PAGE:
Select Page

The PGA Tour released a statement in response to Tuesday’s announcement from the USGA and R&A about the proposal to roll back the golf ball for elite golfers come 2026.

The game’s governing bodies plan to reduce distance at elite levels by altering the tests that must be passed for any ball to be deemed conforming to the rules. By increasing robotic testing speeds and altering other test parameters, the governing bodies effectively will require a slower, shorter golf ball to comply with the Model Local Rule. It will then be up to any event or tour to adopt the Model Local Rule.

The PGA Tour’s response states: “We continue to work closely with the USGA and The R&A on a range of initiatives, including the topic of distance. Regarding the Notice to Manufacturers announced today, we will continue our own extensive independent analysis of the topic and will collaborate with the USGA and The R&A, along with our membership and industry partners, to evaluate and provide feedback on this proposal. The Tour remains committed to ensuring any future solutions identified benefit the game as a whole, without negatively impacting the Tour, its players or our fans’ enjoyment of our sport.”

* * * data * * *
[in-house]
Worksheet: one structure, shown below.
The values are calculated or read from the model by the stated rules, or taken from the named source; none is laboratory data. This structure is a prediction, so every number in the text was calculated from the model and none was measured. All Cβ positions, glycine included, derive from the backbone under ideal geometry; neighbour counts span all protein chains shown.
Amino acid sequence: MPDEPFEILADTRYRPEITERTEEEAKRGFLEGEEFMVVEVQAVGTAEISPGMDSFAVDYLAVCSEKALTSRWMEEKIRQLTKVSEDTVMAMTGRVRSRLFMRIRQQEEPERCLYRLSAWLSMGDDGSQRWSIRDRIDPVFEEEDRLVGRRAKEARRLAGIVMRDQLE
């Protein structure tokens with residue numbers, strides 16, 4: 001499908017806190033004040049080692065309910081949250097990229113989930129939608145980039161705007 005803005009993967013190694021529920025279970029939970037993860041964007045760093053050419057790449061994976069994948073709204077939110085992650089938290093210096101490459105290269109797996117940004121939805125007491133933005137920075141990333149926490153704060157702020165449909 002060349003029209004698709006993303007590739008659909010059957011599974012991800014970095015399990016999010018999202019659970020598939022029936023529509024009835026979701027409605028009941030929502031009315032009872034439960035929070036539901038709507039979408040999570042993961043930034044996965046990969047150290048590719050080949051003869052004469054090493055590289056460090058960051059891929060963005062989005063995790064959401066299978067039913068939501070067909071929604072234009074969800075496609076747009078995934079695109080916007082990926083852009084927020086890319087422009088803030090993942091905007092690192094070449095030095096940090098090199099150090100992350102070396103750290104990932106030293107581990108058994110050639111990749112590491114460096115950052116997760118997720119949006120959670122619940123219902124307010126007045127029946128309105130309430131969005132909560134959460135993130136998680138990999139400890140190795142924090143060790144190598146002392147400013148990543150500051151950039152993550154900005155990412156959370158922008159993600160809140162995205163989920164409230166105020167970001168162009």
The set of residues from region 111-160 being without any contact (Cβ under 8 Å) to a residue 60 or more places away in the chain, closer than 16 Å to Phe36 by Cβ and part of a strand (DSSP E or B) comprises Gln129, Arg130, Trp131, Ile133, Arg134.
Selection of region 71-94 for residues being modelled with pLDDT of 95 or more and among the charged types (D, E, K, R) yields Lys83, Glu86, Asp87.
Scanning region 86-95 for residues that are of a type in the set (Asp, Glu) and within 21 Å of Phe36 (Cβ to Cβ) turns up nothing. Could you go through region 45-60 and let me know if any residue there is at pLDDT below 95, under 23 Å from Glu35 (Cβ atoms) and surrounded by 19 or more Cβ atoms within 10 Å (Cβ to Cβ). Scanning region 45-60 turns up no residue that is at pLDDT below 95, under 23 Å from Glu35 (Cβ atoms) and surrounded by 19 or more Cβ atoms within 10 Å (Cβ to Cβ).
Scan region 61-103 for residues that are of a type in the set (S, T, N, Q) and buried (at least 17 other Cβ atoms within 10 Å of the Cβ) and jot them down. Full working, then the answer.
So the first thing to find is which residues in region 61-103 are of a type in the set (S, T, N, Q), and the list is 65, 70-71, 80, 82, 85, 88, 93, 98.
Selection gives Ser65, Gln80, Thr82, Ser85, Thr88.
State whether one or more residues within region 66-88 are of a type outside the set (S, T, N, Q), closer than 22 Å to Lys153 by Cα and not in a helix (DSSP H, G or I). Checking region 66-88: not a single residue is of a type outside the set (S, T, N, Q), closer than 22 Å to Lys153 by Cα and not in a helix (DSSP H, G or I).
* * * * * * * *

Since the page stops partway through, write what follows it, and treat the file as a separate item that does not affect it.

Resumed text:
Manufacturers and golf stakeholders can provide feedback on the proposed changes until Aug. 14, 2023. If adopted, the proposal would take effect on Jan 1, 2026.

Acushnet, which produces Titleist and FootJoy equipment, also released a statement, saying this bifurcation would divide golf between elite and recreational play, add confusion and break the linkage that is part of the game’s enduring fabric.

“Playing by a unified set of rules is an essential part of the game’s allure, contributes to its global understanding and appeal, and eliminates the inconsistency and instability that would come from multiple sets of equipment standards,” said David Maher, president and CEO of Acushnet. “Unification is a powerfully positive force in the game, and we believe that equipment bifurcation would be detrimental to golf’s long-term well-being. As a result, we will actively participate in this conversation with the governing bodies, worldwide professional tours, PGA Professional organizations, amateur associations and federations, and golfers, in an effort to contribute to the continued enjoyment and growth of the game.”

If the testing changes are approved, equipment makers will need to make balls for elite players that meet one set of testing standards and make different balls that meet the current set of testing standards for club players.

Although these proposed changes aren’t yet approved, they could signal a large shift in the way professional golf is played and viewed.